We figured there was a problem, a rather serious one, when our son Landen started playing in the bathroom and only the bathroom. He would collect his action figures and stuffed animals from his bedroom and haul them to the bathroom off the kitchen, the one with the most interior walls. Sometimes he brought a blanket, but usually he sat pretzel legged next to the toilet, his little legs and butt on the hard, cold tile. The first time I found him there, I thought little of it. Small kids like small places. Harmless. The second time, I became concerned it was something bigger. Landen, I said, why don’t you come out and play on the rug while Dad and I read? He looked up at me and shook his head. It’s safe in here, he said, and then he made a Power Ranger do a backflip.
Night. No. Early morning. The tornado had touched down officially at 12:41am. What I’m trying to say is that it was dark, and people were sleeping. Rick and I had gone to bed that night knowing there were bad storms in southern Kentucky, but that felt irrelevant. Our skies were clear. Stars were out. The storms were expected to dissipate, come undone like a knot. I turned on my white noise machine and chewed a melatonin gummy. Rick put in his ear plugs and rubbed my back. Three hours later, I woke up to Landen shaking me, saying Mama, Mommy. Sirens blared. Winds rattled our house, which suddenly seemed toylike, breakable. Lightning illuminated our bedroom as I woke Rick. He said we needed to take shelter. I scooped up Landen. We hurried to the bathroom, the downstairs one with the most interior walls.
Rick suggested putting Landen on something. There were dogs on medication for storm anxiety. His coworker’s goldendoodle was on fluoxetine, and he read a thread about a man buying a thunder vest for his old collie. I pointed out to Rick that Landen was a human boy. He said Vanessa, I know that. I said I didn’t want to jump to such an extreme intervention. I believed we could solve the bathroom problem ourselves. I believed we were fully capable parents.
But after three weeks of trying to coax Landen out of the bathroom with bribes of iPad time and Rick and I alternating nights of staying in Landen’s room, we decided to seek the help of a clinical therapist. Daniella was in network and young, two things that gave me comfort. Since she was a recent graduate from her masters program, she would be equipped with the latest knowledge in cognitive behavioral therapy. And because she had dark hair and a warm smile like my sister’s, I figured Landen might think of her more as a fun aunt than a scary professional.
I liked Daniella immediately. She spoke to Landen like a person, not a child. She even shook his hand when she introduced herself, which made me feel a wave of tenderness toward her. Daniella’s office was filled with bright posters of cute animals saying cute things. An animated lion roaring Be courageous. A baby elephant holding its mother’s tail with its trunk, Help is helpful. A fuzzy sloth hanging from a tree branch. Everyone moves at their own pace.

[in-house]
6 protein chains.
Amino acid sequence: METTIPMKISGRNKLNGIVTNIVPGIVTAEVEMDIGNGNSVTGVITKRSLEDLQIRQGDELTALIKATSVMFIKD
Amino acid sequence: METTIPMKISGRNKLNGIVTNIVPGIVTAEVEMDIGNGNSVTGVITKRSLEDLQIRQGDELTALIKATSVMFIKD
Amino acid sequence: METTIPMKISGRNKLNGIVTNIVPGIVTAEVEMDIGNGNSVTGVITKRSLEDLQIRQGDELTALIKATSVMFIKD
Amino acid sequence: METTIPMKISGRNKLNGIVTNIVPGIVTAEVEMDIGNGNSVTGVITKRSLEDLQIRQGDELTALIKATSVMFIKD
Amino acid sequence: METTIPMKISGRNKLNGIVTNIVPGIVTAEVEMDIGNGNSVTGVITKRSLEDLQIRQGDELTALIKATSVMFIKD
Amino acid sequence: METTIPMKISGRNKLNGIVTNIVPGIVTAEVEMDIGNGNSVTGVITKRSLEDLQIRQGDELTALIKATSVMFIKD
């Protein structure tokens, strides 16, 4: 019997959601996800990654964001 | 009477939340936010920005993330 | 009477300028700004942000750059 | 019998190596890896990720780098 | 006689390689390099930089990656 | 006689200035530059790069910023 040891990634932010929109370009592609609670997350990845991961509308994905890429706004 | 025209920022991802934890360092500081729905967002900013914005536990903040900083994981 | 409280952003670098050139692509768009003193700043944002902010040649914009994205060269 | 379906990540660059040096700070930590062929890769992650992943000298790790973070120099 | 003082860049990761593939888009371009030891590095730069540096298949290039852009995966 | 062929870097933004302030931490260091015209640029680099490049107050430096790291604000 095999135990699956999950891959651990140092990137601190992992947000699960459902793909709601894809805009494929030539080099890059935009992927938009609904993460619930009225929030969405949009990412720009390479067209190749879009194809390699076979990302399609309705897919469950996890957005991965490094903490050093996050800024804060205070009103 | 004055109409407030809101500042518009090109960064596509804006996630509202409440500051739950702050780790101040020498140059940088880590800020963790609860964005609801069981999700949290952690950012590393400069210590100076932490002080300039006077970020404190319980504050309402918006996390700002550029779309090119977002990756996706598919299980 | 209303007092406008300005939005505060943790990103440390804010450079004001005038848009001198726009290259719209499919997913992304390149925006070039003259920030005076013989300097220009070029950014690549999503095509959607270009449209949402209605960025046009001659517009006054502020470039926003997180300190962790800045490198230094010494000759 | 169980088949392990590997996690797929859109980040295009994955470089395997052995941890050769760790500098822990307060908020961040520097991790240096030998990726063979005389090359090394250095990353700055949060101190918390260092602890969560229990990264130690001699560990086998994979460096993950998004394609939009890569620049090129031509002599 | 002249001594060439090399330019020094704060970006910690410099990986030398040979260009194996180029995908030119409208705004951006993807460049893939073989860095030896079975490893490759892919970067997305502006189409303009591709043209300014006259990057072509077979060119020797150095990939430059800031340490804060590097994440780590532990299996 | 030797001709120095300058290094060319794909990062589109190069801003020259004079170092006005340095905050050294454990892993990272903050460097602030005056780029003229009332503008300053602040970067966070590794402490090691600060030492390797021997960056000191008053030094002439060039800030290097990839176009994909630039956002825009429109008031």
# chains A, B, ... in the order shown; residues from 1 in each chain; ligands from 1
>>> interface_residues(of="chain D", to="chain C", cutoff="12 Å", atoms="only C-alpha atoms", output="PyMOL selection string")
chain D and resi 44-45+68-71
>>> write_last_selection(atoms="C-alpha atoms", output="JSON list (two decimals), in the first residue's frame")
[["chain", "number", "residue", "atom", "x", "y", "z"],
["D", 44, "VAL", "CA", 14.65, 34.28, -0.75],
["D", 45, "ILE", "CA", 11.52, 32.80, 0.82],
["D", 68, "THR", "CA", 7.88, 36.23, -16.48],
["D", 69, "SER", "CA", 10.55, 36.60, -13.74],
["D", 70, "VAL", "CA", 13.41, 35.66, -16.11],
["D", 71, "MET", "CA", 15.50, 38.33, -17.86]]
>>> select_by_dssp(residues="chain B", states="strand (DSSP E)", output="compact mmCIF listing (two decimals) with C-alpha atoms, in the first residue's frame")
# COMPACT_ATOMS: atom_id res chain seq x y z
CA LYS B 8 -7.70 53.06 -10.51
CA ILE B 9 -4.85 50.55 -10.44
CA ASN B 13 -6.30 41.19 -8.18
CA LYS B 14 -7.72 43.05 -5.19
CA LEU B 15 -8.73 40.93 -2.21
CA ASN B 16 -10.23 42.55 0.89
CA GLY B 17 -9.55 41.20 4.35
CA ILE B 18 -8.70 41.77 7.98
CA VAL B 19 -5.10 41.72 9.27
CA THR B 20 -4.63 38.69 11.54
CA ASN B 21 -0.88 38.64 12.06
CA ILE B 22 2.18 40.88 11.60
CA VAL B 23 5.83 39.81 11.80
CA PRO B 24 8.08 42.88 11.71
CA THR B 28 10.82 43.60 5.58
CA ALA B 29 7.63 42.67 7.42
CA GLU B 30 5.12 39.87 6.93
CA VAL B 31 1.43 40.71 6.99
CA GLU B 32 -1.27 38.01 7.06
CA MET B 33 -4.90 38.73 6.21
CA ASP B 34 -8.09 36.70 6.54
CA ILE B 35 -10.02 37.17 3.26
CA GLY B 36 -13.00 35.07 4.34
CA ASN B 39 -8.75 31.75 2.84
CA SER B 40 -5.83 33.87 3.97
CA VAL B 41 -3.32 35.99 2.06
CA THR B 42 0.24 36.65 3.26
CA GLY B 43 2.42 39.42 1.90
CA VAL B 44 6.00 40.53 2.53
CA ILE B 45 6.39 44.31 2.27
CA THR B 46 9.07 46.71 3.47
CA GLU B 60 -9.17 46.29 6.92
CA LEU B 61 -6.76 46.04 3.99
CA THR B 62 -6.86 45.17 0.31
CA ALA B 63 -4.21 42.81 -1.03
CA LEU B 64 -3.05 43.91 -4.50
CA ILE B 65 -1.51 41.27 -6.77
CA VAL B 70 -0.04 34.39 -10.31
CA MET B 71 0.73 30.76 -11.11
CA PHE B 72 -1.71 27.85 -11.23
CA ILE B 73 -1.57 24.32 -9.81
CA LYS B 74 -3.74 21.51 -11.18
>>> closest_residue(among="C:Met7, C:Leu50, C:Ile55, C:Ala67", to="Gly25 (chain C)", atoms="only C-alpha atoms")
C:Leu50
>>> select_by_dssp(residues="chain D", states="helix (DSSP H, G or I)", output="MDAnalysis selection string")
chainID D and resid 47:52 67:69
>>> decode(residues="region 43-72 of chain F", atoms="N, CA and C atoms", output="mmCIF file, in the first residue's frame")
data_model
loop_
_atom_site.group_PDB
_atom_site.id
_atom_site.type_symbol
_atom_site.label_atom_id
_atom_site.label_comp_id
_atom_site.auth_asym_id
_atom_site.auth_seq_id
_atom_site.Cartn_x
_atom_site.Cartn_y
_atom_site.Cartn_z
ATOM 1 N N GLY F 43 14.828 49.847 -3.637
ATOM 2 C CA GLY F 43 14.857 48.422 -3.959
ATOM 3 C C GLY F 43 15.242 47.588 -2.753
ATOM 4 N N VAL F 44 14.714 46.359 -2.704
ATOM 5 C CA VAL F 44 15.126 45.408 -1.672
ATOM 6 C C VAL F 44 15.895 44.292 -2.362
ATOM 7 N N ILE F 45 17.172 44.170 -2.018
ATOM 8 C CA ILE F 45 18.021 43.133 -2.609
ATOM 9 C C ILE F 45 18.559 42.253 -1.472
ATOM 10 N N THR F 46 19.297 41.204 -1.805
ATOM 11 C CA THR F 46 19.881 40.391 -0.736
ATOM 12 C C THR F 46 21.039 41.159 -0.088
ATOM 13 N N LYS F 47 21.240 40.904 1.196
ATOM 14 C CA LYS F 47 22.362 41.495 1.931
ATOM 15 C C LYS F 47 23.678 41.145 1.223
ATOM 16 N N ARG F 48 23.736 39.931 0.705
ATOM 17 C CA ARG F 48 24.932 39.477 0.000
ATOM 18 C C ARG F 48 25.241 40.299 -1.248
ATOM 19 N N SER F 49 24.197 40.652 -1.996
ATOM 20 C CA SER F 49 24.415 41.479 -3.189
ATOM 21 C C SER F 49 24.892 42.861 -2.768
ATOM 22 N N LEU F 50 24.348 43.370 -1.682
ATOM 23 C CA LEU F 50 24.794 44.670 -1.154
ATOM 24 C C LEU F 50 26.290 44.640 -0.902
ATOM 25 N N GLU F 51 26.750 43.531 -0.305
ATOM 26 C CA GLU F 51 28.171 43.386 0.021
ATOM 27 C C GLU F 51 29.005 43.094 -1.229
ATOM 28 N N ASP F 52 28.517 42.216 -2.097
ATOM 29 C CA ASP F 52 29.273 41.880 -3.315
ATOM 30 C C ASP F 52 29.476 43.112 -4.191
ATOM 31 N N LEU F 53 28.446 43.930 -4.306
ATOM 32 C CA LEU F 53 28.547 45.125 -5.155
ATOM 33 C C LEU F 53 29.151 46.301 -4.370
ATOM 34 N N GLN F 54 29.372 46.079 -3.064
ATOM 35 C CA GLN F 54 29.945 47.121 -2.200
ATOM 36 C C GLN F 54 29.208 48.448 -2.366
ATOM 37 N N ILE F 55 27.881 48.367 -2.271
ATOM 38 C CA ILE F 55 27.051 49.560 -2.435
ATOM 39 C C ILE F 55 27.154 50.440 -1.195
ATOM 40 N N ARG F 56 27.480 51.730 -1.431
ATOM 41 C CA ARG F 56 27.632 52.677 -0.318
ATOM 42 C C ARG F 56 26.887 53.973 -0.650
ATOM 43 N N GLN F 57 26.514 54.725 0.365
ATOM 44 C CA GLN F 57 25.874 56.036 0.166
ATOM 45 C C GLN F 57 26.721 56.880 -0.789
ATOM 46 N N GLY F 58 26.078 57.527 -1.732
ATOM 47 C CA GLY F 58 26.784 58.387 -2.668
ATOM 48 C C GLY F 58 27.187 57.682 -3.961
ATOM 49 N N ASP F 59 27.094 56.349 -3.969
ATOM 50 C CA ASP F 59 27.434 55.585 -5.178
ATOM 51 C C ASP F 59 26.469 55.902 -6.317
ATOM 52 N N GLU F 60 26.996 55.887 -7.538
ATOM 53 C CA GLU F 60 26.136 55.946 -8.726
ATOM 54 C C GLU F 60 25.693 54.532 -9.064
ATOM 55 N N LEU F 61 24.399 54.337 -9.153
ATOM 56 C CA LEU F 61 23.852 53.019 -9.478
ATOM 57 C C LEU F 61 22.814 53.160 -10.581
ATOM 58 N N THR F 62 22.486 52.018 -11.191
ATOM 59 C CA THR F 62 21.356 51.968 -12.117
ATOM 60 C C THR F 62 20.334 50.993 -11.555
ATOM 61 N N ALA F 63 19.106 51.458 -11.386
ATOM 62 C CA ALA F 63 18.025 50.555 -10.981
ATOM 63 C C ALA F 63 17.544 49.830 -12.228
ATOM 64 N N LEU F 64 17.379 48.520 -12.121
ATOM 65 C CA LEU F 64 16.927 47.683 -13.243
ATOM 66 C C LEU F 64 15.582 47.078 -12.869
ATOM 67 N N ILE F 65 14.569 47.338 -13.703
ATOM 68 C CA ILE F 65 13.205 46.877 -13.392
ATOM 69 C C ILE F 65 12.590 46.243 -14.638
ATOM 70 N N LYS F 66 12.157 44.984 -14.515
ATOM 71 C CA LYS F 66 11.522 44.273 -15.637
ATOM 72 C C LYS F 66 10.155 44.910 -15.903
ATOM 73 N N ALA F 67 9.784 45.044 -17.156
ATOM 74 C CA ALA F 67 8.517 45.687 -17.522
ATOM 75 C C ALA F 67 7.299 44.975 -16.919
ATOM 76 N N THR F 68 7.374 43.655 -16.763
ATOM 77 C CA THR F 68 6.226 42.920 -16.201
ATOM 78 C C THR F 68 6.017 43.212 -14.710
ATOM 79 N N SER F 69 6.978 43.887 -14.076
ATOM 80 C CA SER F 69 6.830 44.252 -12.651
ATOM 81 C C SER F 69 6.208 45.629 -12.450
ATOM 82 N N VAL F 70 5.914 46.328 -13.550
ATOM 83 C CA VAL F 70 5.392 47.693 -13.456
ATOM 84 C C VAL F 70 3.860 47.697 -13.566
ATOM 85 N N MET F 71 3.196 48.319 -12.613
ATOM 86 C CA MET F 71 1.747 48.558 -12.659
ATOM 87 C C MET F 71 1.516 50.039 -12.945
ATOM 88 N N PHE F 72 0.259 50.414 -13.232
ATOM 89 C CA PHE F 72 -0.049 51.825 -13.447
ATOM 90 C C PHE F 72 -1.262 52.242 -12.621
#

During our first session, Daniella told us how therapy would work, how her office was a place to talk about feelings. Good ones, bad ones, the ones in between. She asked Landen if he knew why he was there. He swung his legs and said kind of, the tornado was scary. Daniella nodded and agreed. The whole city was changed by it. But together, she said, we would all come up with some strategies to help him feel safe and brave. Afterwards, I took Landen to lunch at the restaurant with the mural of the sunflower field. We shared a plate of chicken tenders and a bowl of tomato soup. On a paper napkin, we played tic-tac-toe. Most games ended in a draw.
When we went back to see Daniella a second time, Landen was more at ease. He still held my hand as we walked back to her office, but once there, he let go. Daniella asked if he wanted to color while they chatted. They both sat on the floor with printer paper and scented markers while I sat in the chair in the corner. He shared that he liked the bathroom because in the bathroom, it was quiet. And that’s where we went during the storm. He said he was a little afraid of the outside now, and it made him feel sad when we drove past the parts of the city with broken buildings and houses. Towards the end of the session, Daniella asked if she could see Landen’s picture. He held up his paper, stick figures of Rick, me and Landen. Our goldfish Finn, who had passed away a few months prior, swam in the clouds. Daniella held up a picture of her own family. Two black cats and a husband holding her hand.